Detroit, MI-- The American Civil Liberties Union and partner organizations have filed a brief asking a federal court to order the release of Iraqi nationals who have been detained for months by Immigration and Customs Enforcement.
The court previously blocked the deportation of the Iraqis — many of whom have been in the U.S. for decades — until they have a meaningful opportunity to prove to an immigration court that they face persecution, torture, and death if returned to Iraq. Despite this ruling, and despite the fact that the Iraqis were living in the community for many years before, ICE has refused to release them and almost all remain detained indefinitely.
“It is cruel and unlawful to hold our clients in indefinite immigration detention away from their loved ones,” said ACLU of New Mexico Staff Attorney Kristin Greer Love. “Our client Abbas Al-Sokaini is a grandfather who worked three jobs to support his family here in Albuquerque. He poses no flight risk or danger to the public. The only moral and responsible course is for the government to release him on an order of supervision while his case works its way through the courts.”
Abbas Al-Sokaini, an Albuquerque grandfather who is represented by the ACLU of New Mexico, has been held in an ICE facility in El Paso, TX since early June. Without intervention from the courts, federal authorities are likely to hold him in detention away from his family for more than a year despite the fact he poses no flight risk or danger to the public.
In his absence, his family has suffered financial hardship due to losing their primary breadwinner. Because Abbas suffers from serious medical problems, including arthritis that will require surgery, his deportation officer has recommended he be released under an order of supervision which would allow him to take care of his family and receive the medical care he needs. However, on October 26 his immigration attorney received a boilerplate denial that provided no justification for his continued detention.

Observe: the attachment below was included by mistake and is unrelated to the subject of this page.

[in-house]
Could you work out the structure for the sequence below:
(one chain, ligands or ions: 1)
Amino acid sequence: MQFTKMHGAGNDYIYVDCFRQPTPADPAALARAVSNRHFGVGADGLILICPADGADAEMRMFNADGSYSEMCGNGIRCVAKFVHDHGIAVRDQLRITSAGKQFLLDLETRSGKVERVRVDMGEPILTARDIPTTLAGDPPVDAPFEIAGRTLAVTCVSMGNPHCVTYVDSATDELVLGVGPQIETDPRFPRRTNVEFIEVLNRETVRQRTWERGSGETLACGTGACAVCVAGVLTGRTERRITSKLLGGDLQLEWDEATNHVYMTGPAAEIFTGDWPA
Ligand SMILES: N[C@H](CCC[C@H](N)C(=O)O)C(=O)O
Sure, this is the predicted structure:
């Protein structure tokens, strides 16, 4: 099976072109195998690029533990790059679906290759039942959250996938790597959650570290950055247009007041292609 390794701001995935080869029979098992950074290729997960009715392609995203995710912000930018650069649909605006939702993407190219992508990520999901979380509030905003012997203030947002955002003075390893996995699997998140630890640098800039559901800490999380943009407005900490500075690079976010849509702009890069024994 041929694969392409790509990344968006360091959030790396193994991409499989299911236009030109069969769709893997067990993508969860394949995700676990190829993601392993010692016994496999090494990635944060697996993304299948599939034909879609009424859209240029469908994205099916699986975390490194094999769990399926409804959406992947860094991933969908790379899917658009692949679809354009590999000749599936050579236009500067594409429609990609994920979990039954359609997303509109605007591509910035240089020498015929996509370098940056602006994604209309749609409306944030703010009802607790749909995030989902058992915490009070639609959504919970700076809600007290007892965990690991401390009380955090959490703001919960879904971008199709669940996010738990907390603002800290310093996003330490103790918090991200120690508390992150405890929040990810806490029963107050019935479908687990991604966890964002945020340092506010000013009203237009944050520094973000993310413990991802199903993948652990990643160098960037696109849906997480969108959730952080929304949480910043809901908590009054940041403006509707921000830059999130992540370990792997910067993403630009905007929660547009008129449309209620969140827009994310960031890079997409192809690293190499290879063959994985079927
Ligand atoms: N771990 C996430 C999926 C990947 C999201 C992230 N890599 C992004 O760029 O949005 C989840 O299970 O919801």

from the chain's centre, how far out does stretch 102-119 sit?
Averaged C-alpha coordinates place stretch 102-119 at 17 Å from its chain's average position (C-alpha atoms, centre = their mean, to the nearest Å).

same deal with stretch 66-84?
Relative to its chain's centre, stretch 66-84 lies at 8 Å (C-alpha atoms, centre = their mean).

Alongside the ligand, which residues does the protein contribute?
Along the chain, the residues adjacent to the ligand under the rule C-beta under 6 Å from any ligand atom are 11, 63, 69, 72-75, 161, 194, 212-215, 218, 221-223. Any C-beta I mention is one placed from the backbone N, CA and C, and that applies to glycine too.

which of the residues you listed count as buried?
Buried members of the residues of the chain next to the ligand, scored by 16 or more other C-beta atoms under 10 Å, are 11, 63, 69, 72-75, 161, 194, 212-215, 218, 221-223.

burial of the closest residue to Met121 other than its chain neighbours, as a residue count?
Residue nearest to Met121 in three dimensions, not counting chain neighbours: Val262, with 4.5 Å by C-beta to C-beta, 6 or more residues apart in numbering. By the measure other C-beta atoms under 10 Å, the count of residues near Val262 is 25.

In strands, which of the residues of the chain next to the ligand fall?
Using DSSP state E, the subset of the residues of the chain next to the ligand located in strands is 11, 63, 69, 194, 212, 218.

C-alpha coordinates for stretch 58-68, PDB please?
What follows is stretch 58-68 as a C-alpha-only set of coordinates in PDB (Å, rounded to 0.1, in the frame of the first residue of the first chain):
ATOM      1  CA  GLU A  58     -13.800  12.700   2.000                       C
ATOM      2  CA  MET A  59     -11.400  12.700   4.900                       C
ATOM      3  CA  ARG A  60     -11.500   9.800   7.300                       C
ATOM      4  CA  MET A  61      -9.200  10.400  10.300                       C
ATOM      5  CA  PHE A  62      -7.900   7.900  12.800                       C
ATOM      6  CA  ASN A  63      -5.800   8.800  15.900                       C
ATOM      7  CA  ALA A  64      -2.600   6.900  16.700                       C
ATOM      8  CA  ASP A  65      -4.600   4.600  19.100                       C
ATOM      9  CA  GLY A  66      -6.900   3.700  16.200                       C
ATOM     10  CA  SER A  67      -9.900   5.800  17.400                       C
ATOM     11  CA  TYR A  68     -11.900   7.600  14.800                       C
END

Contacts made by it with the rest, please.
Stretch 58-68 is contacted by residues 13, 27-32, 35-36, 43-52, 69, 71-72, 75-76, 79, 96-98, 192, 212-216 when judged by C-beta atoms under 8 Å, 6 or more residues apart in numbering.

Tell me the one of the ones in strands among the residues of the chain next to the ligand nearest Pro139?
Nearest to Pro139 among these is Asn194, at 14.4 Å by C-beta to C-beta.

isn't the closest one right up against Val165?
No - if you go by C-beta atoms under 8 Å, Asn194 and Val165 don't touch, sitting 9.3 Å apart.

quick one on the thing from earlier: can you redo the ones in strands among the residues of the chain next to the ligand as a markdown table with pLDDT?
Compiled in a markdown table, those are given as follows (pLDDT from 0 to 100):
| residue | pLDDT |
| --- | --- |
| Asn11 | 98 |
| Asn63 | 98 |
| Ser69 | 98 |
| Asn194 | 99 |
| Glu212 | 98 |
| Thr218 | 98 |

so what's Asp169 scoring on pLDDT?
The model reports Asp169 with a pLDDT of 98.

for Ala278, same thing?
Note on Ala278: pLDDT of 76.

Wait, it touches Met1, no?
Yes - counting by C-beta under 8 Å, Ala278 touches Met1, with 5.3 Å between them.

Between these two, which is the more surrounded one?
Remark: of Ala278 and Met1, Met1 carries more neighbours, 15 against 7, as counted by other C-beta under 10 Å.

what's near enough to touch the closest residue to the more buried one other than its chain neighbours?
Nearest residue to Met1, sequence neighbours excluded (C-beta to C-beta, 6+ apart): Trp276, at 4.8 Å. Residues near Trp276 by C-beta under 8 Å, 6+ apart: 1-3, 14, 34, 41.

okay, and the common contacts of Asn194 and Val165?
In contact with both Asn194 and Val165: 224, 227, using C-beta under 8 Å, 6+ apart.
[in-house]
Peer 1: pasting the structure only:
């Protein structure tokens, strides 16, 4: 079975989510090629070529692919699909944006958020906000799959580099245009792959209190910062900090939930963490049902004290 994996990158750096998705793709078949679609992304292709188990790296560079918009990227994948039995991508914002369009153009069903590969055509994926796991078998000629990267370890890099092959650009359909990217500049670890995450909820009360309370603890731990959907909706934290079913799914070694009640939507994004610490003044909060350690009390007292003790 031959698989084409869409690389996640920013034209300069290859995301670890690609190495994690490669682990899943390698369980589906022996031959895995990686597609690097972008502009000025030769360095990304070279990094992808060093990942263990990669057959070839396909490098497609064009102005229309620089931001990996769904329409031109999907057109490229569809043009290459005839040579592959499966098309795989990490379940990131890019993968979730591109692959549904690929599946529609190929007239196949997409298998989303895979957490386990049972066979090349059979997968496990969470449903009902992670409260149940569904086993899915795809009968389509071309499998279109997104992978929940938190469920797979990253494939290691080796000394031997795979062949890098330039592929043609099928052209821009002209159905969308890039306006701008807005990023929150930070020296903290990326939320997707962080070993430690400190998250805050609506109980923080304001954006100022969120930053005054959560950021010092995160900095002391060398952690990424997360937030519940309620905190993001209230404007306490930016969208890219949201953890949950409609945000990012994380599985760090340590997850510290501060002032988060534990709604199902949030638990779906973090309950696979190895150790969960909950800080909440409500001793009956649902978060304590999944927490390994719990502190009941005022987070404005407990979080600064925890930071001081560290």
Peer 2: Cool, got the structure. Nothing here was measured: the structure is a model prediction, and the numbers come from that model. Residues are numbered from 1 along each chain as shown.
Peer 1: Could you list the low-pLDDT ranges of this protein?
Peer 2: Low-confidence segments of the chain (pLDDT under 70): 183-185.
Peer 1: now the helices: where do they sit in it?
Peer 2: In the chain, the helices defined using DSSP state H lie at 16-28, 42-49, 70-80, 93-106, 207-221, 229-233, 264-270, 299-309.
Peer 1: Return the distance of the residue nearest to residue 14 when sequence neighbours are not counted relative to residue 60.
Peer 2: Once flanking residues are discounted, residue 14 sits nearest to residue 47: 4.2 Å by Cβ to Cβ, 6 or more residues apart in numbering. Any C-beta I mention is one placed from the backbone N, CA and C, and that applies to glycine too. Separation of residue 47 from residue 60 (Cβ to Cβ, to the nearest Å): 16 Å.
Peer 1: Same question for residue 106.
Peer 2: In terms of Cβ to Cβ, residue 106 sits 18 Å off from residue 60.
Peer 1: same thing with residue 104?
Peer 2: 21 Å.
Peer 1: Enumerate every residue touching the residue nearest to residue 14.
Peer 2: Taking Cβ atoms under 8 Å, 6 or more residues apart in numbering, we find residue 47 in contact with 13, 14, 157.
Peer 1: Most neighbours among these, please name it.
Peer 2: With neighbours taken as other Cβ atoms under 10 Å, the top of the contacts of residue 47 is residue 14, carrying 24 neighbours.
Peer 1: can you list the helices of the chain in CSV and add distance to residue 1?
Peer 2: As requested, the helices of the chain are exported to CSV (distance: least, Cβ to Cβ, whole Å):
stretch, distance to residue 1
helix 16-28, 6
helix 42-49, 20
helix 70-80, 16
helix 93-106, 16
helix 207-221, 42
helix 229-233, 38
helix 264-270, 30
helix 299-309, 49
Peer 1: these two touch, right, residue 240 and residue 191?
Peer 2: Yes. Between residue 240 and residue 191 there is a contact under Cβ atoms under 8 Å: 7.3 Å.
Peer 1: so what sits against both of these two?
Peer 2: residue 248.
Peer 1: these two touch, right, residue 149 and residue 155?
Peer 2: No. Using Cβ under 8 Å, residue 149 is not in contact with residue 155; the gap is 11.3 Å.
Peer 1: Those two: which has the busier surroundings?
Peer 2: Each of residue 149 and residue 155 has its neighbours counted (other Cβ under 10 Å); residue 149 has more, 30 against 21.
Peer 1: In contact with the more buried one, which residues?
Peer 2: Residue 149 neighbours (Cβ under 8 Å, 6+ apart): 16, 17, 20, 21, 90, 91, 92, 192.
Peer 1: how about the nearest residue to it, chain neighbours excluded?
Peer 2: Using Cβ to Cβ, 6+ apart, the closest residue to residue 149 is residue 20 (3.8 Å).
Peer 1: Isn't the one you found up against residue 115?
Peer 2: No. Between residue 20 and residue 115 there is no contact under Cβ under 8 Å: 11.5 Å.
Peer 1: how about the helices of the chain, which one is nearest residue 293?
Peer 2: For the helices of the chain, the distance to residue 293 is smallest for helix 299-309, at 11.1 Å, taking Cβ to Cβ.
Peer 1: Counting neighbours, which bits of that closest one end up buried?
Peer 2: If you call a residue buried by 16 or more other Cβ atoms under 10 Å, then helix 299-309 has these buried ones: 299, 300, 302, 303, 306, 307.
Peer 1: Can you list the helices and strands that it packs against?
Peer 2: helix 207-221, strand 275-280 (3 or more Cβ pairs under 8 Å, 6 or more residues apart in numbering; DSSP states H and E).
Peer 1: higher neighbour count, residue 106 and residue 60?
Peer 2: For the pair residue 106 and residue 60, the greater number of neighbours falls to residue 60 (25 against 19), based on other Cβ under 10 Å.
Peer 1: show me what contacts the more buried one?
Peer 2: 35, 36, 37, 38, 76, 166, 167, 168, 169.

People in immigration proceedings cannot be detained unless the government is likely to remove them soon, and cannot be detained for prolonged periods without an individual assessment of whether they present a flight risk or are a danger to their community. The brief charges ICE is illegally refusing to release the Iraqis even though it could take many months or even years for their cases to be decided, and that it is detaining them without any individualized determination of whether their incarceration is justified.
In addition, those with removal orders who are detained for more than 90 days are entitled to an individualized review that addresses similar factors. However, instead of a meaningful review, the brief argues that Iraqi nationals have either been subject to blanket denials and extensions of their detention or they have not received a review at all.
“The Trump administration is shamefully prolonging the agony of these Iraqi families in the hopes that they voluntarily give up their immigration cases. It’s time for the court to once again step in and say enough,” said Judy Rabinovitz, deputy director of the ACLU’s Immigrants’ Rights Project.
The lawsuit, Hamama v. Adducci, was filed against ICE, the Department of Homeland Security, and the U.S. attorney general in the U.S. District Court/Eastern Michigan District. In addition to the ACLU, the nationwide class-action lawsuit was brought by CODE Legal Aid, Michigan Immigrant Rights Center, International Refugee Assistance Project, and the law firm Miller Canfield Paddock & Stone.